Thoughts and music of double J x

John Oates: Change of Seasons: 45rpm!

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When you spend years doing anything, you’re almost guaranteed to walk away with a good story to tell. And that’s certainly the case with John Oates — one half of one of the most successful creative partnerships in music, thanks to his friendship and working relationship with Daryl Hall, which has been running for more than 45 years now.

The pair has racked up countless accolades in the half-century since they first crossed paths — including their 2014 induction into the Rock and Roll Hall of Fame. In his new memoir, Change of Seasons, Oates breaks down their relationship, which he terms as a “brotherhood” and notes that “we were blessed to be born at the right time.” Reading through the pages of everything he’s experienced on his own and with Hall, it’s hard to argue that point.

Not many artists get the chance to see their heroes up close in concert — as he and Hall did when they went to see the Temptations at the Apollo in 1967 — and also end up sharing the stage with some of those same mentors. Less than two decades later, there they were, on the Apollo stage in 1985 with David Ruffin and Eddie Kendricks from the Temptations — a bucket list moment, for sure — and one that was preserved on audio and video. That was a good year for the pair — in addition to the Apollo gig, they also participated in the sessions for the all-star charity benefit single “We Are the World,” were part of the closing moments of Live Aid in their hometown of Philadelphia, backing up Mick Jagger and Tina Turner’s memorable performance, and played a massive concert in front of roughly 70,000 people to help raise funds for the restoration of the Statue of Liberty.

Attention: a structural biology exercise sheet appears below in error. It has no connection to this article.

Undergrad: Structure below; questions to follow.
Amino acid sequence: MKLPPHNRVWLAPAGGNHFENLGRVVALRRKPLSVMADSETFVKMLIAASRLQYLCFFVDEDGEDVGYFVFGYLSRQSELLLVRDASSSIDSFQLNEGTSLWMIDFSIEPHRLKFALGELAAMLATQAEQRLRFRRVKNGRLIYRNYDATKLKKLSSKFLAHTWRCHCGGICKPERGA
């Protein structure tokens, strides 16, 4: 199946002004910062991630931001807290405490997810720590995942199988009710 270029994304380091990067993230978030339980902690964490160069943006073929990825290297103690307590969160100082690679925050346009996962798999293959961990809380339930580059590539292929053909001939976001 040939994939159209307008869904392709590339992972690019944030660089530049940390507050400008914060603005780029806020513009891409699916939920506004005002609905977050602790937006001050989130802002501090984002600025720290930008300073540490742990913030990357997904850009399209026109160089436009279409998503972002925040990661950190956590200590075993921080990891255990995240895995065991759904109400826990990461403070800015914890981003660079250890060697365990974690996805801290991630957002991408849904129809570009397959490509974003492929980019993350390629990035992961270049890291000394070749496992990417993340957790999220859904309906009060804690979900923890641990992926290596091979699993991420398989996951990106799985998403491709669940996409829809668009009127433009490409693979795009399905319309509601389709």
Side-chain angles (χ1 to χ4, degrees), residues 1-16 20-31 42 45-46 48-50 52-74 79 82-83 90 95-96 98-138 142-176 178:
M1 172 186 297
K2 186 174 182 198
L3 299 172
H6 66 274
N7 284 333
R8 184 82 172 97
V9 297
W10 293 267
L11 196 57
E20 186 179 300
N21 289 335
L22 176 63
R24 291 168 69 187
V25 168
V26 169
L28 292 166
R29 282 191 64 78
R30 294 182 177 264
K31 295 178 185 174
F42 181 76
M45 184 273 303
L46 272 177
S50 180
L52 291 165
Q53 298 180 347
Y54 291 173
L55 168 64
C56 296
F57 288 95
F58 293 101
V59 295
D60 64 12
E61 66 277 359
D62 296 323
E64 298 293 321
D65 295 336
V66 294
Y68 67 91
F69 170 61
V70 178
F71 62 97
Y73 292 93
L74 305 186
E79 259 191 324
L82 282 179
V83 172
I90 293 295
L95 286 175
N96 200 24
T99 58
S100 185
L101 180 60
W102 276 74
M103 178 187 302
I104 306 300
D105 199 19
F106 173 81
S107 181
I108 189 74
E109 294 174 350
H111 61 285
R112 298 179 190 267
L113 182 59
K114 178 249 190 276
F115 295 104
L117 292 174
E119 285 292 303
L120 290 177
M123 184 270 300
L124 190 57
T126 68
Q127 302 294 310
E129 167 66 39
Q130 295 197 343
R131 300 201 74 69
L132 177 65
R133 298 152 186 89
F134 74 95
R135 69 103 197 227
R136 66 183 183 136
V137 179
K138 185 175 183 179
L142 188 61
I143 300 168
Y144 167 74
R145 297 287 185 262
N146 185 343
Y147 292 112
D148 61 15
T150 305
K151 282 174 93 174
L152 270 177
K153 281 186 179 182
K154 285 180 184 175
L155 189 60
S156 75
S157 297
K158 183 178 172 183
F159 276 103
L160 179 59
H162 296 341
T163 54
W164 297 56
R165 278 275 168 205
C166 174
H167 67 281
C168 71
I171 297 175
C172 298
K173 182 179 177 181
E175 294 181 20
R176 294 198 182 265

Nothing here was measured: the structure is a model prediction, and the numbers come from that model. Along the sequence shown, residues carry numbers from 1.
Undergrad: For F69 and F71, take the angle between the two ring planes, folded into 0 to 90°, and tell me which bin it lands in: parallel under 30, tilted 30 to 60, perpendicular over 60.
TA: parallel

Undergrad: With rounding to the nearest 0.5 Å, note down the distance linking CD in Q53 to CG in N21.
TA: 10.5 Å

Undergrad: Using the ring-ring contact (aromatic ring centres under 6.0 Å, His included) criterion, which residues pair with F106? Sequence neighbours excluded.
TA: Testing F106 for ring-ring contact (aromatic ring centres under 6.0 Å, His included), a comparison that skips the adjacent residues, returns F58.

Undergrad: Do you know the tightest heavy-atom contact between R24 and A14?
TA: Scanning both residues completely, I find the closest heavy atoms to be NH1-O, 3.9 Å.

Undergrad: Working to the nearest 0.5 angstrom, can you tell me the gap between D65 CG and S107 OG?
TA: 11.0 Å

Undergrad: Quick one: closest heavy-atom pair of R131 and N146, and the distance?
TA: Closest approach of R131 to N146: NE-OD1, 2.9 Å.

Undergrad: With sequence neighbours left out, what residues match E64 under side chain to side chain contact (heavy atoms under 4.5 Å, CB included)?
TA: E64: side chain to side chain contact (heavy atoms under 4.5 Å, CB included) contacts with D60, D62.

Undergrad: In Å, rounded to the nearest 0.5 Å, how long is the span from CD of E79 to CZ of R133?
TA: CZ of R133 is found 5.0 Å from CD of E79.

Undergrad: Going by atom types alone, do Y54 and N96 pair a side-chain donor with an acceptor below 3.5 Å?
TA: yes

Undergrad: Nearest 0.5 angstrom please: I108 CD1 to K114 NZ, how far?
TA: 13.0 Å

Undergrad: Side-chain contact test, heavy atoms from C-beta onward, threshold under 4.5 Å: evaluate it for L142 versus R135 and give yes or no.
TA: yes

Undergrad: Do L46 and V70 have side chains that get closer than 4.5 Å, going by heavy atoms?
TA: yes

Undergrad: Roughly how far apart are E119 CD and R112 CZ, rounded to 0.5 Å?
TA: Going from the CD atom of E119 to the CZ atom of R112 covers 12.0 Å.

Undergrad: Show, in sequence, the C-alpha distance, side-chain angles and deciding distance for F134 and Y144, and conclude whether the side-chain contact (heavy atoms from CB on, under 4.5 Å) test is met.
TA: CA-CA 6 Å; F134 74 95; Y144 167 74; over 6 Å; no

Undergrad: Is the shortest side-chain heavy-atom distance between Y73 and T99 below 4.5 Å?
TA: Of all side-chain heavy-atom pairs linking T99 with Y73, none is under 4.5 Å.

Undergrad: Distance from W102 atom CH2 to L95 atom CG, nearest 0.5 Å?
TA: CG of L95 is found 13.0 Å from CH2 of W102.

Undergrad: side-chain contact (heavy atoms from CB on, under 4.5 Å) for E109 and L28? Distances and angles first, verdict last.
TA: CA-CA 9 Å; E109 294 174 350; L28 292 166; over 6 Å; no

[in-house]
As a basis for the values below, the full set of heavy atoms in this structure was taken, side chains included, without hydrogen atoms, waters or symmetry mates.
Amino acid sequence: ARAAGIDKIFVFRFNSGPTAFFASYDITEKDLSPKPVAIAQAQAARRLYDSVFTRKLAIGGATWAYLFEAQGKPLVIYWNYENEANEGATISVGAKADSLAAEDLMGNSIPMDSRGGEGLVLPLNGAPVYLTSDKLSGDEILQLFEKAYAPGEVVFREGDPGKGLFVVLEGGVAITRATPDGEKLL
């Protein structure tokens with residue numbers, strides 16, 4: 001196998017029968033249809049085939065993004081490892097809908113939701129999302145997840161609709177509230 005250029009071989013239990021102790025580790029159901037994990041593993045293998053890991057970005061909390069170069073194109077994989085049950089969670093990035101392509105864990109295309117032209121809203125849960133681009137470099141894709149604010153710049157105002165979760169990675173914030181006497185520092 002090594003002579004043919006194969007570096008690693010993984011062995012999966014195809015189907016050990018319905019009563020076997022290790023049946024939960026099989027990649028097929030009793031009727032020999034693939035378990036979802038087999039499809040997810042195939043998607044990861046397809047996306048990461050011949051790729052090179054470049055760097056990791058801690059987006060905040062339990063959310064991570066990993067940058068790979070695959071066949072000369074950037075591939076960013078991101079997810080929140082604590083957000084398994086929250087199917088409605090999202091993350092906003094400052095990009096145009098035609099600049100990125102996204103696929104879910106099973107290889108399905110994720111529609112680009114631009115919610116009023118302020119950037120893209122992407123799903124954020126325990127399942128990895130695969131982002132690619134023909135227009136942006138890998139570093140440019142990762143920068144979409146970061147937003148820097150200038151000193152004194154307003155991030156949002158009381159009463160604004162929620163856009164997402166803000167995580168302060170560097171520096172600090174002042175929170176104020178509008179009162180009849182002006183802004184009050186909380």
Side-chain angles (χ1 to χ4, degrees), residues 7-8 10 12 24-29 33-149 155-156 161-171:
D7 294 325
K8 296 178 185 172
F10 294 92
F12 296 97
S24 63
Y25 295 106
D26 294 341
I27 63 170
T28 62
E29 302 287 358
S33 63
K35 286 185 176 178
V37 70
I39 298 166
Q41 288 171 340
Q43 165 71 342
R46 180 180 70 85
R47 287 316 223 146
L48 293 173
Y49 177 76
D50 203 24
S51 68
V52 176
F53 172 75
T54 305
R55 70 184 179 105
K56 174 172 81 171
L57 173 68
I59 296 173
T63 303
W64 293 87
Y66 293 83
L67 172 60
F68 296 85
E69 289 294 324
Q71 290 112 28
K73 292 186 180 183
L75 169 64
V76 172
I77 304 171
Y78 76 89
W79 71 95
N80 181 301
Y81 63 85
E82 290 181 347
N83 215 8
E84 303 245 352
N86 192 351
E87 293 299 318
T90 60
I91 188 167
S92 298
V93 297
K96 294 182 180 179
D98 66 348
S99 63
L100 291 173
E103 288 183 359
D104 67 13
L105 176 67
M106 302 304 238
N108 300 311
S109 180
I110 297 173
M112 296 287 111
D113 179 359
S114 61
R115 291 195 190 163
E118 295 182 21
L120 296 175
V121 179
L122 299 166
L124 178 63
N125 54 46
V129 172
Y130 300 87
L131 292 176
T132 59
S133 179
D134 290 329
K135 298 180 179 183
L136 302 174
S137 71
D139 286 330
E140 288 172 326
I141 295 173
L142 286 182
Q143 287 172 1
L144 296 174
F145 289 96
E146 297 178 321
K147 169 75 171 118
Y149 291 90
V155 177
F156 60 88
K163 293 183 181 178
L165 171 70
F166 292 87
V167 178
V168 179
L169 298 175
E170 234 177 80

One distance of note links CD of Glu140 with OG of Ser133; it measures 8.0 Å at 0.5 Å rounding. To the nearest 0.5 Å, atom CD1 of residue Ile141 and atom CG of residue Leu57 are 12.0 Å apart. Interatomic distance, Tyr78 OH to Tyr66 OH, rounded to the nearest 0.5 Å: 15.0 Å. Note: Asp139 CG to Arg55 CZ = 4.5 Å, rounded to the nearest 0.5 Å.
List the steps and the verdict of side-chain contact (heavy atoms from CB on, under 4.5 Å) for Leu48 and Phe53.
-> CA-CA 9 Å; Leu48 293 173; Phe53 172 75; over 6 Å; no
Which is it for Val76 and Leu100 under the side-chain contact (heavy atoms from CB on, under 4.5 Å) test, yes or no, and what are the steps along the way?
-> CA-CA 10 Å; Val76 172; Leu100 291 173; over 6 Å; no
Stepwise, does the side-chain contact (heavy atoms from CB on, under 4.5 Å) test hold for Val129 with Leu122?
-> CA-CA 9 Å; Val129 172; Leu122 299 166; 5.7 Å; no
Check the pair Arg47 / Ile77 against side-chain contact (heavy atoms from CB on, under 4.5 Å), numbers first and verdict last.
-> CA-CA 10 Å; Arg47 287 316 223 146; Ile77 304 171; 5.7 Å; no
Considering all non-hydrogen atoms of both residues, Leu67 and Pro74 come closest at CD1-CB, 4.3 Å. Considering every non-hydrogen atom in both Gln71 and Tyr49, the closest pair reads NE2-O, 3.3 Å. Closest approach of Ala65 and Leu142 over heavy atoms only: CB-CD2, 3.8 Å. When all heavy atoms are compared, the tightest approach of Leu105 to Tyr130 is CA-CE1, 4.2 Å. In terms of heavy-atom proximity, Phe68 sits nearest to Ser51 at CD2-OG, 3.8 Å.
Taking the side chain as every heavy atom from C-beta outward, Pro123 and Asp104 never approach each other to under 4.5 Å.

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The challenge, as Oates writes, was that he wanted to tell his story “without it becoming the Hall and Oates story minus Daryl Hall.” He was not looking to write the definitive Hall and Oates book, as he explains in the introduction. “Please try to understand that any lack of details regarding Daryl Hall’s massive talent and enormous contribution to our music and success is not intended to diminish his importance and personal achievement.” Those details, Oates argues — are part of Hall’s “unique and powerful” story, which he wanted to leave open for Hall himself to tell one day if he chooses to do so. It’s an important note, but even with that disclaimer, Hall and Oates fans will find plenty of details and great stories regarding their initial meeting and eventual rise to success, the struggles and high points. Oates was one of the two principal passengers on that long journey and it would be impossible to leave all of that stuff out. But you also get an in-depth look at his own personal path and struggles — and colorful moments, too, like having gonzo journalist Hunter S. Thompson as his Colorado neighbor. What seems like it could have been a nightmarish neighbor situation becomes an interesting friendship.

At 400 pages, Change of Seasons tells a hefty story, but it’s one that is worth the trip — and as Oates told us during a recent interview, it was designed so that you don’t have to take it all in at once — you can read it in chunks. But it’s an engaging read, and chances are good you’ll find yourself moving through quickly — and then you’ll be ready, like we were, to read the next chapters (the book ends during Oates’ time in Colorado, though he’s hinted we might get a chance to read a follow-up at some point to cover the rest of the story). With the release of Change of Seasons, Oates is heading out on a book tour to meet and greet with fans. Ultimate Classic Rock Spoke To Him! I Stole it:)  http://ultimateclassicrock.com/john-oates-interview-2017/

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This book was a heck of a read. You’ve now been working in music for over 50 years, which is pretty incredible. Like a lot of folks in life, you’ve had ups and down, which, for some people, those are kind of like mile markers along the way in the story. For you, what did the experience of doing this book bring out as you found yourself taking stock of everything?